In this part of my XML Video Tutorial, I cover Document Type Definitions (DTD). DTDs are used to define the markup for your XML files.
We use DTD files to make sure data is valid and so multiple people can work together in a standardized way.
It sounds really complicated, but you are just defining what elements are required in the XML file and what type of data each element must have. The code after the video will help you learn.
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Code From the Video
<?xml version="1.0" encoding="UTF-8"?> <!-- You would surround everything with <!DOCTYPE tvshow [ and ]> if this was in your XML file --> <!-- Document Type Definition (DTD) defines the makeup of a XML file --> <!-- Use a DTD to make sure data is valid and so multiple people can work together in a standard way --> <!-- DOCTYPE defines the root for the document --> <!ELEMENT tvshow (show)+> <!-- Elements without a quantifier must appear only once --> <!-- The show element must have only these elements & they must be in order --> <!-- Must have 1 network, but can have many because of + --> <!-- Doesn't require viewers or a poster, but can only have 1 because of ? --> <!-- If I would want an element to contain content and child elements I would proceed it with a * --> <!-- The OR | states that you must have either a end_date or a next_episode --> <!ELEMENT show (name, release, network+, description, actors, poster?, viewers?, (end_date | next_episode))> <!-- #PCDATA (Parsed Character Data) is used to denote the element contains text --> <!-- #PCDATA can't contain any other elements --> <!-- #PCDATA is parsed meaning entities like < are converted to < --> <!-- Don't use < > & " or ' in #PCDATA --> <!-- #CDATA is character data that isn't parsed --> <!-- To allow a user to enter what ever they like in show follow everything with a * like this <!ELEMENT show (name | release | network | poster | description | actors | viewers | end_date | next_episode)*> --> <!-- You can allow a user to enter data or child elements like this <!ELEMENT name (#PCDATA | nickname)*> --> <!-- You can allow any type of data like this <!ELEMENT name ANY> --> <!-- Define attributes like this <!ATTLIST elementWithTheAttribute attributeName dataType defaultValue --> <!-- Data Types: CDATA - Character Data, Enumerated List - (value1|value2|...), ID - A unique ID --> <!-- An ID is unique and can't be used anywhere else in the document --> <!ELEMENT name (#PCDATA)> <!ATTLIST name id_code ID #REQUIRED> <!ELEMENT release (#PCDATA)> <!ELEMENT network (#PCDATA)> <!ATTLIST network country CDATA #REQUIRED> <!ELEMENT description (#PCDATA)> <!-- List child elements if the element contains children --> <!-- * can be used for elements that can occur zero or many times --> <!ELEMENT actors (actor)*> <!ELEMENT actor (real_name, character)> <!ELEMENT real_name (#PCDATA)> <!ELEMENT character (#PCDATA)> <!ATTLIST character profession CDATA #IMPLIED> <!-- You can have empty elements using EMPTY: <!ELEMENT br EMPTY> The <br /> element is a good example of an element that does something, but doesn't contain content --> <!-- #IMPLIED means a value isn't required --> <!-- It would be better form to put the data in href in the poster element. Attributes should be used to describe data versus what you'd want to display --> <!ELEMENT poster EMPTY> <!ATTLIST poster href CDATA #IMPLIED> <!ATTLIST poster width CDATA #IMPLIED> <!ATTLIST poster height CDATA #IMPLIED> <!-- You can reference a unique ID using a IDREF --> <!-- A IDREFS can contain many unique IDs like this <!ATTLIST poster show_ids IDREFS #IMPLIED> --> <!-- You'd add these IDs like this <poster show_ids="show_100 show_101"> --> <!ATTLIST poster show_id IDREF #IMPLIED> <!-- You can also assign default values by just supplying it in the attribute definition --> <!-- You could also fix this value <!ATTLIST viewers units CDATA #FIXED "million"> --> <!-- You can also use an enumerated list <!ATTLIST viewers units (thousand | million) #IMPLIED> --> <!ELEMENT viewers (#PCDATA)> <!ATTLIST viewers units CDATA "million"> <!ELEMENT end_date (#PCDATA)> <!ELEMENT next_episode (#PCDATA)> <!-- You can also force an attribute to only contain letters, numbers, hyphens, underscores, or periods like this <!ATTLIST character profession NMTOKEN #IMPLIED> -->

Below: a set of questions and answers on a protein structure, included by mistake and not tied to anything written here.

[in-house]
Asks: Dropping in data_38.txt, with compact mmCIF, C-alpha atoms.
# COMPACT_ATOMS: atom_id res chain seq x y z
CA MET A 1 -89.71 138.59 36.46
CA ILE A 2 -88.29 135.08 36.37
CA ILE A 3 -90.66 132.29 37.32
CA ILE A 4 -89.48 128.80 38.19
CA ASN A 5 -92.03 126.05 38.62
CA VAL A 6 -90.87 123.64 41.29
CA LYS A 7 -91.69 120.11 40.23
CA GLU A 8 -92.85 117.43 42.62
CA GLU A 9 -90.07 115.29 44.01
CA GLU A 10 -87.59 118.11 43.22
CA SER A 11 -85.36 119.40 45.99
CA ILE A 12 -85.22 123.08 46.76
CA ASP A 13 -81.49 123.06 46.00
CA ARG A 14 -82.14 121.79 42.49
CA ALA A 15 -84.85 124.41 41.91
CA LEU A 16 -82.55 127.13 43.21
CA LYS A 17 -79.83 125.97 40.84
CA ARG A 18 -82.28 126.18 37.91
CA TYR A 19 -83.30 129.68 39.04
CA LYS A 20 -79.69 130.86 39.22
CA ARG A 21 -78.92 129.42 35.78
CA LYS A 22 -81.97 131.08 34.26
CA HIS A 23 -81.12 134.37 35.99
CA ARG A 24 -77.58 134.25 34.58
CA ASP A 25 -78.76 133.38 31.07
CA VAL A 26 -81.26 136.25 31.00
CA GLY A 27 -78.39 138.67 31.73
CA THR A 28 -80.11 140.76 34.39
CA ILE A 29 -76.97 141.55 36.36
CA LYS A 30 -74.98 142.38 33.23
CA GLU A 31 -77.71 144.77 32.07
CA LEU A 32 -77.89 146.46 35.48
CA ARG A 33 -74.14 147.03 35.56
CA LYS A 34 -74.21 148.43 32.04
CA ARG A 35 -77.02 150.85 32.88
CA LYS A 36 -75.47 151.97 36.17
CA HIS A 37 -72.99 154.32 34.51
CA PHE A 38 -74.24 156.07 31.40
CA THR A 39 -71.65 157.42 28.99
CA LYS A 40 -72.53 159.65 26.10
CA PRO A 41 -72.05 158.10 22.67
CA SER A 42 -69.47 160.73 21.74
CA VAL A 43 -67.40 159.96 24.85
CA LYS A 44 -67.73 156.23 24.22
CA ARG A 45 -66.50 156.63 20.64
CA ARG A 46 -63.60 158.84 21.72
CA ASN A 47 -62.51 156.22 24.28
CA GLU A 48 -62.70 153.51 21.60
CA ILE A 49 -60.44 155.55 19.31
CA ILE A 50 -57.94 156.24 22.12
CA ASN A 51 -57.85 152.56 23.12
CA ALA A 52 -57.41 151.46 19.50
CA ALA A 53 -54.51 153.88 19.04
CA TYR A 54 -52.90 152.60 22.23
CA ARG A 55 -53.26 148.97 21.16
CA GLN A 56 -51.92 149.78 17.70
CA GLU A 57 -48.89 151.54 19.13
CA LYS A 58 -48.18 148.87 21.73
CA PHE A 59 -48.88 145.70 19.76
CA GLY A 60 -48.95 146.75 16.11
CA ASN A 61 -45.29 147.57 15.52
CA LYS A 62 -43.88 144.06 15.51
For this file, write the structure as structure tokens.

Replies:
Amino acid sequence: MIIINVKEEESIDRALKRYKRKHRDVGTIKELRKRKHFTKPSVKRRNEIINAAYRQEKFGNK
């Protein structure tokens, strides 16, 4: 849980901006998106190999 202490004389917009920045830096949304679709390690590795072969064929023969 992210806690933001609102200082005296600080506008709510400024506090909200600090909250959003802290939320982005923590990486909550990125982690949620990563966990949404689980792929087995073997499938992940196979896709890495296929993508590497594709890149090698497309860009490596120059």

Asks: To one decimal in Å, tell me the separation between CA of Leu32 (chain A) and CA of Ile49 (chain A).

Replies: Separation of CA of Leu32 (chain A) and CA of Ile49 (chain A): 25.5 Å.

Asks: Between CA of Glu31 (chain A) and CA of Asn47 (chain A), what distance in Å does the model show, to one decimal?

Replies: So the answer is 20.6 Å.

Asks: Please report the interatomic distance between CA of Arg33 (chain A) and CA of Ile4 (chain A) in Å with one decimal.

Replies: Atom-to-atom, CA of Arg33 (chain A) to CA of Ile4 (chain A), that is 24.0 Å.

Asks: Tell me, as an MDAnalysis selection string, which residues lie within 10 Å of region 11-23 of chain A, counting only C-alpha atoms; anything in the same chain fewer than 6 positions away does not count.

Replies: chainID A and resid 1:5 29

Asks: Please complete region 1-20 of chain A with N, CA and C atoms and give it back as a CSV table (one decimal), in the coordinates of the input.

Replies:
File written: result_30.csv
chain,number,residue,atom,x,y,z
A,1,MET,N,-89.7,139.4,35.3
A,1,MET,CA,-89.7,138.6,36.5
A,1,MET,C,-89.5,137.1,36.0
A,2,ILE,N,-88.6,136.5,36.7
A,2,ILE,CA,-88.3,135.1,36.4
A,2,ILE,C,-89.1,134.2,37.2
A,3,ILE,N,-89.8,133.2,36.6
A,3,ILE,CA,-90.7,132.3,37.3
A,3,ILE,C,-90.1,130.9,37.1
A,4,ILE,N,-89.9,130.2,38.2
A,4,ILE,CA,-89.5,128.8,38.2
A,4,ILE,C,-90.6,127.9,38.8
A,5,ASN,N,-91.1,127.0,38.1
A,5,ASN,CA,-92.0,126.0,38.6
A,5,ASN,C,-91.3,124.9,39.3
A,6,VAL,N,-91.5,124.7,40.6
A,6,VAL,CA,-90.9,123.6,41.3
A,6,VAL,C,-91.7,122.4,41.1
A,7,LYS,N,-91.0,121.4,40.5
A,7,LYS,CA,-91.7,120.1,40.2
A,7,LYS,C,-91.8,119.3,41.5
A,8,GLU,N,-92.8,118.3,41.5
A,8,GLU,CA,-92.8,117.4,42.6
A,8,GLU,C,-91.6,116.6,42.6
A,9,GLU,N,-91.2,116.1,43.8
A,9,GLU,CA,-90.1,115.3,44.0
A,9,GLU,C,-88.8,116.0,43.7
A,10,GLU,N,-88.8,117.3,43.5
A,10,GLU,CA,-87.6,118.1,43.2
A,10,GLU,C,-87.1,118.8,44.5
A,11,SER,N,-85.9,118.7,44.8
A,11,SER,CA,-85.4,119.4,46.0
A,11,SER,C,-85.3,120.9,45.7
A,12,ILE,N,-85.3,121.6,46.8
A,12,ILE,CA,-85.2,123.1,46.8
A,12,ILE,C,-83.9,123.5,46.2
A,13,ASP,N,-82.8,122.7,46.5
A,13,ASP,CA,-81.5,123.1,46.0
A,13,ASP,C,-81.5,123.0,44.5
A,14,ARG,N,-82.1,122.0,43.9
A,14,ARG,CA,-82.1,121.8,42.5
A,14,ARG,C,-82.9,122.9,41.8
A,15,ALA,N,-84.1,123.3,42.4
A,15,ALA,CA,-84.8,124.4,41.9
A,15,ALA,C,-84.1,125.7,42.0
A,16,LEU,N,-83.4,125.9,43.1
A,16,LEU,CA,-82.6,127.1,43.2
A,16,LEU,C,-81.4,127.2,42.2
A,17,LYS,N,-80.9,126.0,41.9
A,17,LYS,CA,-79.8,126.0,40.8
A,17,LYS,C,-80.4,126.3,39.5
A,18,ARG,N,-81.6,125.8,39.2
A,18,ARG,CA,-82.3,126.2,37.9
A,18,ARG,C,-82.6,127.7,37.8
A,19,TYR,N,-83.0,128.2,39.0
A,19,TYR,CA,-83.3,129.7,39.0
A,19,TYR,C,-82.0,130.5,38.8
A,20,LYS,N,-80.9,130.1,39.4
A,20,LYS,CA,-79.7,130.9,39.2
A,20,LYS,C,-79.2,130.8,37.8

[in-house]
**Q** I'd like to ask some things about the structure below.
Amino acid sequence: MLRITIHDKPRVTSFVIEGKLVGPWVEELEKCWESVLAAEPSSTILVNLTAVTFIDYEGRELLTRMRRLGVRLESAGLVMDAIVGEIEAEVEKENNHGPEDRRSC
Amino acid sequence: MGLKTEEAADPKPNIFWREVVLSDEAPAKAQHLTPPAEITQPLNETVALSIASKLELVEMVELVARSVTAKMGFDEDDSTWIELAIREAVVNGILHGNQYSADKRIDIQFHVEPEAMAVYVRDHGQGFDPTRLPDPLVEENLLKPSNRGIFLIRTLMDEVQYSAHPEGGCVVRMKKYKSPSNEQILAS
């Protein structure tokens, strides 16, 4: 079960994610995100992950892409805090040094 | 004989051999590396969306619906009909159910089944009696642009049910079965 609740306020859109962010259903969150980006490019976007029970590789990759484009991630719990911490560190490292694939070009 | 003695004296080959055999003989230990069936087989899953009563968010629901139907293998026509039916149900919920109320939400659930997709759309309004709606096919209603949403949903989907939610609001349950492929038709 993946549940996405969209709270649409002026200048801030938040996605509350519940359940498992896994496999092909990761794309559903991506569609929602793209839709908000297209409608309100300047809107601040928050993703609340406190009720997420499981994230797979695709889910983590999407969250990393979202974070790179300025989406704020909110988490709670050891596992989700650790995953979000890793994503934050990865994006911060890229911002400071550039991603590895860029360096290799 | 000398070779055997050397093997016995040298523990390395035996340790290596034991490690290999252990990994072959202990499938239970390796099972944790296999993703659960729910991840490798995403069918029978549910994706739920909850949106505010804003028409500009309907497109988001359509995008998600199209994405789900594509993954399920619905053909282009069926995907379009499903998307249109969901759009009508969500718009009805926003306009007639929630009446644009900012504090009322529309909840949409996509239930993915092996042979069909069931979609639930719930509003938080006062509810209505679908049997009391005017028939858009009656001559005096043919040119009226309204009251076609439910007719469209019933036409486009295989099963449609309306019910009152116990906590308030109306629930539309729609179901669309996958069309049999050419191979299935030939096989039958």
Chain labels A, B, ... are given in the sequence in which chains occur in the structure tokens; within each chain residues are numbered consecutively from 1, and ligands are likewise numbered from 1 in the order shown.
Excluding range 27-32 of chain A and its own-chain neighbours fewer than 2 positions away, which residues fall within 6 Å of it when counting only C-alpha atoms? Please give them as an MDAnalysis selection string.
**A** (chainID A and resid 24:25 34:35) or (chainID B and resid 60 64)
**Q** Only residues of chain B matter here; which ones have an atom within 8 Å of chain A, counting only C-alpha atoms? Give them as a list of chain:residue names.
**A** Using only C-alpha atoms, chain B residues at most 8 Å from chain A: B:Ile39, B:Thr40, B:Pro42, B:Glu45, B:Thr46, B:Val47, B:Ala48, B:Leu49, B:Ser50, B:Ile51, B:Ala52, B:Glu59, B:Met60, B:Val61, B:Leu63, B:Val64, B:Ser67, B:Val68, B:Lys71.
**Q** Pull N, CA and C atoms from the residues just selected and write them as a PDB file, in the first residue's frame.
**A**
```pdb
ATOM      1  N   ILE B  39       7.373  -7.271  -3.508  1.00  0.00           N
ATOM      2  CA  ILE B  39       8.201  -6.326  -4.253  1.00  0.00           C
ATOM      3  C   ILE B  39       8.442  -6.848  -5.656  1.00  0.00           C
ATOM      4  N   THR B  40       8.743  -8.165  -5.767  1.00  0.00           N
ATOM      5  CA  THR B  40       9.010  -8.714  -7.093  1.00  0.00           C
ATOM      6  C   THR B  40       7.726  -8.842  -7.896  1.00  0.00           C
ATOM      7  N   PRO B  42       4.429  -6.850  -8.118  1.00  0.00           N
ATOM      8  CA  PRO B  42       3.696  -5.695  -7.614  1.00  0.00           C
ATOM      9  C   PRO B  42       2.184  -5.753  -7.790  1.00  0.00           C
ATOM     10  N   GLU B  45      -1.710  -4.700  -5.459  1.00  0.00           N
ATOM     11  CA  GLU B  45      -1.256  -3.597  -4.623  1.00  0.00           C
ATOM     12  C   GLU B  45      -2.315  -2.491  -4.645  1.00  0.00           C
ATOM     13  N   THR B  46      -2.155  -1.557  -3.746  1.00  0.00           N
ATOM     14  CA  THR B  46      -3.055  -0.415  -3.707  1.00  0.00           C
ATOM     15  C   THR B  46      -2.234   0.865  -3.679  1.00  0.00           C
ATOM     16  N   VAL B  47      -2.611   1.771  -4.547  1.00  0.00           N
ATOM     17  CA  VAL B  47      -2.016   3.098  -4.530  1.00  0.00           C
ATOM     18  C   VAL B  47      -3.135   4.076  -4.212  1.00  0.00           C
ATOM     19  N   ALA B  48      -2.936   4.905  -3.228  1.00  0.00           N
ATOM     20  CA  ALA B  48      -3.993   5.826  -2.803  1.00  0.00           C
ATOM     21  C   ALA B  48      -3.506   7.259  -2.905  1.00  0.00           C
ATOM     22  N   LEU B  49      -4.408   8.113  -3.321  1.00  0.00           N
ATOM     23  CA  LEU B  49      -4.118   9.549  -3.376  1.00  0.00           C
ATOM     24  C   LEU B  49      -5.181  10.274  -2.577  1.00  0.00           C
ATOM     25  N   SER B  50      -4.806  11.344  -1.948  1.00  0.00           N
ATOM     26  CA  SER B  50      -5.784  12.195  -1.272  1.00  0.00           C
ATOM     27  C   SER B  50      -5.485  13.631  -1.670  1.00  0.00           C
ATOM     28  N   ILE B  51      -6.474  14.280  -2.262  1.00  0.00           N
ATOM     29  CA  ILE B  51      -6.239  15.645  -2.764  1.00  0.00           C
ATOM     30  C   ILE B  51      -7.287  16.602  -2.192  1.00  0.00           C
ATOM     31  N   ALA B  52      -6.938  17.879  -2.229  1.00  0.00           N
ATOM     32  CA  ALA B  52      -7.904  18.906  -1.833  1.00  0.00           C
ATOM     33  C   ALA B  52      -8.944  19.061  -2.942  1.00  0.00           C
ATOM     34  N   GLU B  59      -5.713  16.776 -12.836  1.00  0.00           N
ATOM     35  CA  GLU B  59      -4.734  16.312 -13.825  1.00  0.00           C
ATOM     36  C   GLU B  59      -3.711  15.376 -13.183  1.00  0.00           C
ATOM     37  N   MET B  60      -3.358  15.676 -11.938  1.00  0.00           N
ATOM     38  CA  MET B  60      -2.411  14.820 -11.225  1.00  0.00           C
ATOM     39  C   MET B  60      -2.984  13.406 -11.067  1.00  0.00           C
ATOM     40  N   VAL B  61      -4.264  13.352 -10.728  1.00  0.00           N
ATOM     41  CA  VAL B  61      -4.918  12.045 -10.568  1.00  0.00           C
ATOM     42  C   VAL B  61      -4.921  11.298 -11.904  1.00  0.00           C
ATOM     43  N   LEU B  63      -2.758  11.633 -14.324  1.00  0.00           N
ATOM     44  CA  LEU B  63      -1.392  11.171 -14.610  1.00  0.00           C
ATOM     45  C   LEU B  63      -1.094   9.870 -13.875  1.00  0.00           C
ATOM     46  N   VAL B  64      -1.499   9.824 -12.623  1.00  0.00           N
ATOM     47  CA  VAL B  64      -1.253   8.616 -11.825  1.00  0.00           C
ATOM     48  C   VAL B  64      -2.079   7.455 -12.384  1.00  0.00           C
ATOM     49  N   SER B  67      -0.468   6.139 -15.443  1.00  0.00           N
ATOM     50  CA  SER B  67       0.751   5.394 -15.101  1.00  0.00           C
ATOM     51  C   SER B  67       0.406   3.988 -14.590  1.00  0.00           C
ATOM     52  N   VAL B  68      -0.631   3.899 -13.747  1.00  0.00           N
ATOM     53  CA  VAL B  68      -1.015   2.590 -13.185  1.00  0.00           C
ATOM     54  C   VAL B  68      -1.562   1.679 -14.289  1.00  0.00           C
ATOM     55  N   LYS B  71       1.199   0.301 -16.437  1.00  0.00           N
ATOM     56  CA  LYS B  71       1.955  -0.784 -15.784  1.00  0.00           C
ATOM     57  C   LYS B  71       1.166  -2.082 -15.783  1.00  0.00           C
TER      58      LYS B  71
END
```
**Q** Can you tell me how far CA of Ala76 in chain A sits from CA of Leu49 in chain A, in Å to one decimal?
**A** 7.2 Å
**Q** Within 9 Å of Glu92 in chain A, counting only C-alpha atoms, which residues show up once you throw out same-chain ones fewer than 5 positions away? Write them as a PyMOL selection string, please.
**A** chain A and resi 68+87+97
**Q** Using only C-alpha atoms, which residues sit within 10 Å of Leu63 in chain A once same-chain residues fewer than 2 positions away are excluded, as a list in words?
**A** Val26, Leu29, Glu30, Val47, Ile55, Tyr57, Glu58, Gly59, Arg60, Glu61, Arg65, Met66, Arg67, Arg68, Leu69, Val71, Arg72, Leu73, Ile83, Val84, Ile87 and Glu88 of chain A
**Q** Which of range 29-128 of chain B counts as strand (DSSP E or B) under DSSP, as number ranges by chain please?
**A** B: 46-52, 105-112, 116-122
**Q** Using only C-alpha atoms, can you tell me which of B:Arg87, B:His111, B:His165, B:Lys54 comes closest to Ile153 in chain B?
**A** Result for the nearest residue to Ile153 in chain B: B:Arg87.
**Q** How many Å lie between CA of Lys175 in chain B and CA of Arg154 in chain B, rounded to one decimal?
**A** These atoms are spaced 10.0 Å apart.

<?xml version="1.0" encoding="UTF-8"?> <!DOCTYPE tvshow SYSTEM "tvshow1.dtd" > <tvshow> <show> <name id_code="idvalue0">name</name> <release>release</release> <network country="">network</network> <description>description</description> <actors/> <poster height="" href="" show_id="idvalue0" width=""/> <viewers units="million">viewers</viewers> <end_date>end_date</end_date> </show> </tvshow>